Security must be at the forefront of any digital transformation, and that means building a secure culture in your organization too. It’s especially important for customer service agents with access to customer data to understand security. When introducing new security processes, getting the buy-in of these agents is crucial. Remember – it’s not just your IT department that needs to be a part of a workplace culture shift, it’s everyone. 

With many employees working remotely at home, the need to follow defined security practices is stronger than ever. Remote workers need to understand that they must still follow best practices, and the best way to do that is with a well-trained workforce. 

In Fujitsu’s Five Key Actions to Empower Secure Digital Transformation, they highlight the need for employees to understand their role in security: 

‘The covid-19 pandemic demonstrated the importance of a secure culture within organizations. Cyber attackers relied on common moves and tactics, which turned out successful when used on many employees working from home. Leaving organizations in need of increasing efforts to train and re-train their employees in cyber security, and embed a sense of responsibility in every member of staff.’ 

By placing security as your first priority, the rest of your secure culture will fall into place. The ability to work flexibly from anywhere should not be seen as a given by employees, but rather a privilege granted through the adoption of a secure culture.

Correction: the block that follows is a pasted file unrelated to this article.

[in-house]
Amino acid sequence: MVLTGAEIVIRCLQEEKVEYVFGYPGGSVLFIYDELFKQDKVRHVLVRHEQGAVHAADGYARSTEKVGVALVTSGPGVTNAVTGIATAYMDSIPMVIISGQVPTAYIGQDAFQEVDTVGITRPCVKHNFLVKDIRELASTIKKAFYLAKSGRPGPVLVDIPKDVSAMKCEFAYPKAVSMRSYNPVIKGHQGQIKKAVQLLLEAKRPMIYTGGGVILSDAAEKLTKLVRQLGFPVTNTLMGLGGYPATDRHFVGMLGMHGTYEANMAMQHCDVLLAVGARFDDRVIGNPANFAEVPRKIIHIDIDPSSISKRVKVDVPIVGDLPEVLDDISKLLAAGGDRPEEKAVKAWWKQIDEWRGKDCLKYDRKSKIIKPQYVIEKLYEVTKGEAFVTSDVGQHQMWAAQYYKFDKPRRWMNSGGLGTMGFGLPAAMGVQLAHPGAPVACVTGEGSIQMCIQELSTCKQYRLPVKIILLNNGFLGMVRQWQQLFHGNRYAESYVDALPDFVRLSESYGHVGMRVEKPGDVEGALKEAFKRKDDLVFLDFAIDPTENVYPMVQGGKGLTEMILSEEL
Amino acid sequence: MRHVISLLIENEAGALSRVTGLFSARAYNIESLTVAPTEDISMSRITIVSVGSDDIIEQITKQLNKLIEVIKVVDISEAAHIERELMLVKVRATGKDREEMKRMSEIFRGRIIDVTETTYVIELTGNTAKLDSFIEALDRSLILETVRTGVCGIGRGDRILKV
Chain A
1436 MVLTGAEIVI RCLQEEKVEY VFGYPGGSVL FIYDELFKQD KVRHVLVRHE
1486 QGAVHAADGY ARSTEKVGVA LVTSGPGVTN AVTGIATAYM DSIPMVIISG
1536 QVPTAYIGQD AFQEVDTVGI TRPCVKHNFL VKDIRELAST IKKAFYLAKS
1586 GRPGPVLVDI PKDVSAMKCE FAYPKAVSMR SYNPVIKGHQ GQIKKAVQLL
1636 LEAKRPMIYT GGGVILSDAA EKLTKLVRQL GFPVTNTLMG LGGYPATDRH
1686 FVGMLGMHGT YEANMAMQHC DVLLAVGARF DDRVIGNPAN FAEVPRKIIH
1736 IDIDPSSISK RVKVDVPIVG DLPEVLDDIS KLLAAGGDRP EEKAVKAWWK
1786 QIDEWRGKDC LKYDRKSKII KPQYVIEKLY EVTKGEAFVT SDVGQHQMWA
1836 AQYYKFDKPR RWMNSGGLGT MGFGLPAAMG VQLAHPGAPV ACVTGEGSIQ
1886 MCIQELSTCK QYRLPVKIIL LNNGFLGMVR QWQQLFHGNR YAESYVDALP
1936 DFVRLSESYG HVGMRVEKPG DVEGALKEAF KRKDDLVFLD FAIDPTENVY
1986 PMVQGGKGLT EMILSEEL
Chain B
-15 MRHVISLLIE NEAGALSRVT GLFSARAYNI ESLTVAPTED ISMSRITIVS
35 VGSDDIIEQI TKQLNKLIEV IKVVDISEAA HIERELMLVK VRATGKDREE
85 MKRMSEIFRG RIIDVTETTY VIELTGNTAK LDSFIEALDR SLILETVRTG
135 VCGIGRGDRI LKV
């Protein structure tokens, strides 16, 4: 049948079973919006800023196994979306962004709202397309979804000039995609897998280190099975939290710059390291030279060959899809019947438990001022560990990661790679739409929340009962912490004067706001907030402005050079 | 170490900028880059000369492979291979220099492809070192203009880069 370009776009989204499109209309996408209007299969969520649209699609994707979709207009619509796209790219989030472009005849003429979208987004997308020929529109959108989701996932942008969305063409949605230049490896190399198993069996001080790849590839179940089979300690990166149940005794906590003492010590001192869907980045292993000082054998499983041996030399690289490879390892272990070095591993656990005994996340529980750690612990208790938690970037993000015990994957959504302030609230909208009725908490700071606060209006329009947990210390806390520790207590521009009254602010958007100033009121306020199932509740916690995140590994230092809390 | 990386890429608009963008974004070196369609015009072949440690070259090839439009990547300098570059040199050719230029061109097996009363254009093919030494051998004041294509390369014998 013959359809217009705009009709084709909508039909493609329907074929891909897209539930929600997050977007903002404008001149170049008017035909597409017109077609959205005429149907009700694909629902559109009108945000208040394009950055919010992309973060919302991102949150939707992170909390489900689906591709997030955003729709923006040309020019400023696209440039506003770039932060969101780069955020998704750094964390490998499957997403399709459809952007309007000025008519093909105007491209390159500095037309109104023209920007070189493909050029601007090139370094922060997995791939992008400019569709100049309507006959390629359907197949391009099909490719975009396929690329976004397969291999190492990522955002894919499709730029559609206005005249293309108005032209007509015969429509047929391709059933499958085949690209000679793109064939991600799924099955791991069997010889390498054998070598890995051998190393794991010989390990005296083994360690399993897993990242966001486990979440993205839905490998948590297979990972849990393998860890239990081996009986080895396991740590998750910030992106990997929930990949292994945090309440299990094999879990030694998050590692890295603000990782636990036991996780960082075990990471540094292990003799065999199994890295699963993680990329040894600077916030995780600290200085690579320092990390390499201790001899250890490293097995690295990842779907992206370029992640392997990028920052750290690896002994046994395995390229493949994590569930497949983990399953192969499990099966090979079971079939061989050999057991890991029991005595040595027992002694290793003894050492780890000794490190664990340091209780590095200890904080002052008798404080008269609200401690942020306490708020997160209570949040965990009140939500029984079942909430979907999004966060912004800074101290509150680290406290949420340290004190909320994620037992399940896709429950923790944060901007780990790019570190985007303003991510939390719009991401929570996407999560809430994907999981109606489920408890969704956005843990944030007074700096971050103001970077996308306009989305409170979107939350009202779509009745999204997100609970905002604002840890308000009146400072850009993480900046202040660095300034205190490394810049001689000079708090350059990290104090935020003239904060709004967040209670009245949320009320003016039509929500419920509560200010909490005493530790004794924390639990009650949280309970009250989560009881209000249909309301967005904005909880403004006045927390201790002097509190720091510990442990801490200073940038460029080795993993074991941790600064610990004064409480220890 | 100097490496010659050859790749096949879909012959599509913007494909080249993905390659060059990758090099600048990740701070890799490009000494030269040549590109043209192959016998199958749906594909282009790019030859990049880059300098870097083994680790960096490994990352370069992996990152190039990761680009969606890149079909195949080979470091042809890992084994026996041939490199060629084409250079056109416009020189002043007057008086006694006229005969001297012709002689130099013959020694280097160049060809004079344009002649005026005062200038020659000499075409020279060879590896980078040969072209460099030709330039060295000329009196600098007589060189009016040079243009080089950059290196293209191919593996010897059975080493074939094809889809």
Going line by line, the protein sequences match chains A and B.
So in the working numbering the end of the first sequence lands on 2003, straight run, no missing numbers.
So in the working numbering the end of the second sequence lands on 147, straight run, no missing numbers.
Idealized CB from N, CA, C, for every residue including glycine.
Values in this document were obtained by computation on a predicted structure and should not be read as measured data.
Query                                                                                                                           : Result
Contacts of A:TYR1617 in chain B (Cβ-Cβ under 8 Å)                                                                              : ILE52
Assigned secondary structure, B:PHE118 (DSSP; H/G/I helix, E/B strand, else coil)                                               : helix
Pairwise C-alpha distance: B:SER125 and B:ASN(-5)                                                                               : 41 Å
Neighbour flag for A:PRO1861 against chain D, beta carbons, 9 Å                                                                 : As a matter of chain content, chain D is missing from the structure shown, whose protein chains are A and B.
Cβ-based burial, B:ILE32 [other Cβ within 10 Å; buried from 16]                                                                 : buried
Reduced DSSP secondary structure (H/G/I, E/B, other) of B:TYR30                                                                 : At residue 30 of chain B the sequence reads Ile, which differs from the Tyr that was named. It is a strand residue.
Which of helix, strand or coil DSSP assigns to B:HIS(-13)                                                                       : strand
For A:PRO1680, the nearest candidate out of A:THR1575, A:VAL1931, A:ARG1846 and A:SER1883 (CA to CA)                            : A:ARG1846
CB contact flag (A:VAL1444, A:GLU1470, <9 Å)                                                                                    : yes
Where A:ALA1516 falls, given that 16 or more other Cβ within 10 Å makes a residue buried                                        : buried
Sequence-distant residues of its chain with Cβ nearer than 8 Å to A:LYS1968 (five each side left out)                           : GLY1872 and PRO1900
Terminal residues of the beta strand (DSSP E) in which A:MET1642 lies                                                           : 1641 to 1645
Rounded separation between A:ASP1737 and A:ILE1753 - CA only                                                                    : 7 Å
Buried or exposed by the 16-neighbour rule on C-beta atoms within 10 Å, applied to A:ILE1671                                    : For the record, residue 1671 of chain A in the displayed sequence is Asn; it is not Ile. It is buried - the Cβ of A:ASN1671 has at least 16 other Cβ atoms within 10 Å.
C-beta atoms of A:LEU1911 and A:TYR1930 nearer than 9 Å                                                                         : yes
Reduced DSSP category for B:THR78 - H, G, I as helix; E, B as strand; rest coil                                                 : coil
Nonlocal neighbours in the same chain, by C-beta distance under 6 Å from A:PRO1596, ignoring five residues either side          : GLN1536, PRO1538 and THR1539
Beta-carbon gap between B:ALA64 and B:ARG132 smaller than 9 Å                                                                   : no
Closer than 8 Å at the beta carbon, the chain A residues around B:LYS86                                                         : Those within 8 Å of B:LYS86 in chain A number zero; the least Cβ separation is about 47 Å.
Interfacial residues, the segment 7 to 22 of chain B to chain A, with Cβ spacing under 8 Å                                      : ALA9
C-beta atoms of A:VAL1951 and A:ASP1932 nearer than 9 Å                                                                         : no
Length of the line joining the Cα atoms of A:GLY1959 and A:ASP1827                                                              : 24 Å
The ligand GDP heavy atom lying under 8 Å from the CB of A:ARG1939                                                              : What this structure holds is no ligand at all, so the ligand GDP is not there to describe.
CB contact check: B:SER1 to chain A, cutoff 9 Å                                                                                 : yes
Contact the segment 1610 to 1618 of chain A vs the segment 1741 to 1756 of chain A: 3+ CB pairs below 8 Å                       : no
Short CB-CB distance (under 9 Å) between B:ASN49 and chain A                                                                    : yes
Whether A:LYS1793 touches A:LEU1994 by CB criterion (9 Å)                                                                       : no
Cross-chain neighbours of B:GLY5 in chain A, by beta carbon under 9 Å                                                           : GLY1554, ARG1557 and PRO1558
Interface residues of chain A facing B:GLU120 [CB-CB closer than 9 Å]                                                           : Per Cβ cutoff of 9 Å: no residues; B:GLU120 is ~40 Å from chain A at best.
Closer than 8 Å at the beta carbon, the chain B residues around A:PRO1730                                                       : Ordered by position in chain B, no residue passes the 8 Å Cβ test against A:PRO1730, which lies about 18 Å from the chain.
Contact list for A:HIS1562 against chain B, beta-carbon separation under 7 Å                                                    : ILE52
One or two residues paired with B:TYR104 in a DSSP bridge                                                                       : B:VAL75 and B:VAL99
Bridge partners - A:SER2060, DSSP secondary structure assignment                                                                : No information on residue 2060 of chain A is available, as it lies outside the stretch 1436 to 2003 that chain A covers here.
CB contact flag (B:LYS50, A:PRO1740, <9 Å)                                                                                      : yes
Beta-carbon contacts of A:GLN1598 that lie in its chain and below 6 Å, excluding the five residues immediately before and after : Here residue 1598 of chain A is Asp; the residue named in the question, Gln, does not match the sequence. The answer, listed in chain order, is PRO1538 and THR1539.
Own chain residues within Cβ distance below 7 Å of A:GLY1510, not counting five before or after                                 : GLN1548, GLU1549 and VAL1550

As employees understand that security is their personal responsibility, they’ll work to make better choices. A culture of security ultimately includes all aspects of an organization, and the impact will be felt by your customers. 

Wrap Up 

In this series, we’ve seen the many ways that digital transformation in customer service benefits your organization and your customers. With digital customer service strategies being the norm, clearly digital transformation is the now and not the future in customer service. 

Introducing Comm100 Live Chat to your customer service strategy has been shown to improve customer engagement and CSAT scores. With a reduced dependence on phone support, your customers will see drastically reduced wait times and your customer service agents will provide more efficient and more personalized responses. 

Comm100 AI Chatbot can take your chat support to the next level, providing 24/7 support to your customers when agents aren’t able to respond and resolve your most common questions without human interaction. 

To start your own journey in the digital transformation of your customer service, click here to start a free trial today

About Kate Rogerson

Kate is the Content Marketing Specialist at Comm100. She has extensive experience in content creation for technology companies across the world, including the UK, Australia and Canada. She specializes in B2B messaging, branding and soccer trivia.